A skillful  forest dweller I am not – but I think I found the freshest tracks that the deer had just made:

I went on further, moving as quietly and non-threateningly as I could,  wandering here and there, exploring pathways.    I came to one pathway that I decided not to  pursue.  Climbing over things is fun, but I had a skirt on, and  the branches… know…Just seemed like a series of  “no’s” to me.

“I used to be beautiful when I was young.”

I used to be beautiful when I was young.     Ha!



January 13, 2010

That’s the book, the book that has given me so much trouble for the past week or so.     Reading it was a little like being hit on the side of the head with a baseball bat….over and over and over.   Then standing up and saying:  “Aw, gee…hit me again…I’m still reading.”    

I felt frustrated,  astonished at the stupidity, angered, insulted,   enraged,   and then somewhat  nauseated.  

Exactly why did I continue to read a book which continually maligned my own civilization and that of most of my friends, maligned with fallacies, calumnies, deliberate lies, accusations, with every sub-plot, every characterization, every dialogue meant to put Western Civilization in the worst light?  

About a third of the way through I began making a list of examples, because I thought maybe it was just an emotional impression that was growing in me – I needed objective evidence from the book.     Two type-written pages later, I had a list of many, many examples where Christianity and Western Civ  in general came out looking dirty, smelly,  oppressive, ignorant, ugly, unrefined, hypocritical,  adulterous, lust-filled,  tyrannical, violent, uneducated, cowardly, duplicitous – you get the picture.    And it was the words of the author that made such things explicit, not my overly-vigilant sensitivities.  

Even down to minor  details such as the handwriting.    Guess whose people wrote in small, cramped, ugly, illegible handwriting?   (There was more than one reference to this throughout the book.)   And guess whose people wrote in beautiful, graceful saracen curves?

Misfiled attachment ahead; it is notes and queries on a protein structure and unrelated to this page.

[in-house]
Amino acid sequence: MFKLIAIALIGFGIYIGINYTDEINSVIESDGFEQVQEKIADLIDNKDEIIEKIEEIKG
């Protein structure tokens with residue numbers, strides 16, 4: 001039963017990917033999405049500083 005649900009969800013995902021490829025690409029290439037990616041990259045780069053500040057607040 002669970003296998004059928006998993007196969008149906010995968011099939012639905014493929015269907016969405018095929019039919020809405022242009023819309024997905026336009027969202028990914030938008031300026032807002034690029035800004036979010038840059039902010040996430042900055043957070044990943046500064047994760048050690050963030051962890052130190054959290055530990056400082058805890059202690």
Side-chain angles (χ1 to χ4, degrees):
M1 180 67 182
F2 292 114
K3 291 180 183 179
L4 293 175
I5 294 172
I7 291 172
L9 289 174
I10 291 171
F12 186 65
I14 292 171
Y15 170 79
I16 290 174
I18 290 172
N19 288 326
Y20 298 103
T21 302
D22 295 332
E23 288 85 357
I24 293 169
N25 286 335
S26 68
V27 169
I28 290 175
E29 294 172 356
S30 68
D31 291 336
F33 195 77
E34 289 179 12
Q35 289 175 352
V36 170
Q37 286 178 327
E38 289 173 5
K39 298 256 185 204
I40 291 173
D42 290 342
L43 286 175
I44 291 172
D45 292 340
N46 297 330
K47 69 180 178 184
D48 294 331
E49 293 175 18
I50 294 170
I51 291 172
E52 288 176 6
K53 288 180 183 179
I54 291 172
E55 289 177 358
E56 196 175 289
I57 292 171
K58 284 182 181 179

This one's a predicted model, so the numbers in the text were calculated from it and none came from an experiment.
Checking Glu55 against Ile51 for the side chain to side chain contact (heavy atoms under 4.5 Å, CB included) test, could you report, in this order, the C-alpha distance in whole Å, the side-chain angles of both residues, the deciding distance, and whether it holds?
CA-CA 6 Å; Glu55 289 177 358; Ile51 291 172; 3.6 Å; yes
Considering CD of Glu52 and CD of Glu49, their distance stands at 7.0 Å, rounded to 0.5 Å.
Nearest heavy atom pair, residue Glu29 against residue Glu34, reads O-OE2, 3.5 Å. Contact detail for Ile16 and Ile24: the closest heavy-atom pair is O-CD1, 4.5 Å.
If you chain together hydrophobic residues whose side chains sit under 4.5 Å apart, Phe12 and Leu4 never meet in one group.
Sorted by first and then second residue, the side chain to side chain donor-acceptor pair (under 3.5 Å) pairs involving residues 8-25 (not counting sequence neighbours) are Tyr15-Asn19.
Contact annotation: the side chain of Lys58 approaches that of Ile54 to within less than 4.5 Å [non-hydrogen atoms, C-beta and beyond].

Which reminds me:   The name of the book is  The People of the Book.   That was her first historical fallacy, the first of many inaccurate stereotypes.    People who are unaware of the Faith that built Western Civilization think that there are three major religions who share “a book” – Christian, Mohammedenism, and Jewish.      Perhaps evangelicals and other protestants think their religion is founded on the Bible – and that this is similar to the Jewish Scriptures – similar enough –  and that the Koran is pretty similar to the Bible, and so there you have it:  three religions based on a “book.”

Without sorting that out, why those three holy books are not at all similar, I can speak to the Faith that founded Western Civilization  (which has been in the process of being deconstructed for several centuries now) –   The Christian Faith as it existed in all the centuries of  Western Civilization since about 30 A.D., give or take a few years, was never “based upon” a “book”  –  the Faith is founded on revealed doctrine which is presented in the form of Tradition, Scriptures (including now the  New Testament), and the authority of Christ passed on to His disciples and on to their disciples, and so on.  Three equal interrelated foundations.

You don’t have to believe in that now…. but you ought to see what the historical record is.    You’ll find that the Catholic Church never considered itself based upon the “Bible Alone.”     It is not a “people of the book.”    Therein lies division, distortion, and extremism.

Does the United States have any enemies?    Does Christianity have any enemies?  Is anyone attacking the principles of Western Civilization?    Anyone at all?    By all means, Miss Author of this book, let us exalt those who attack us.

I’m still sick to my stomach.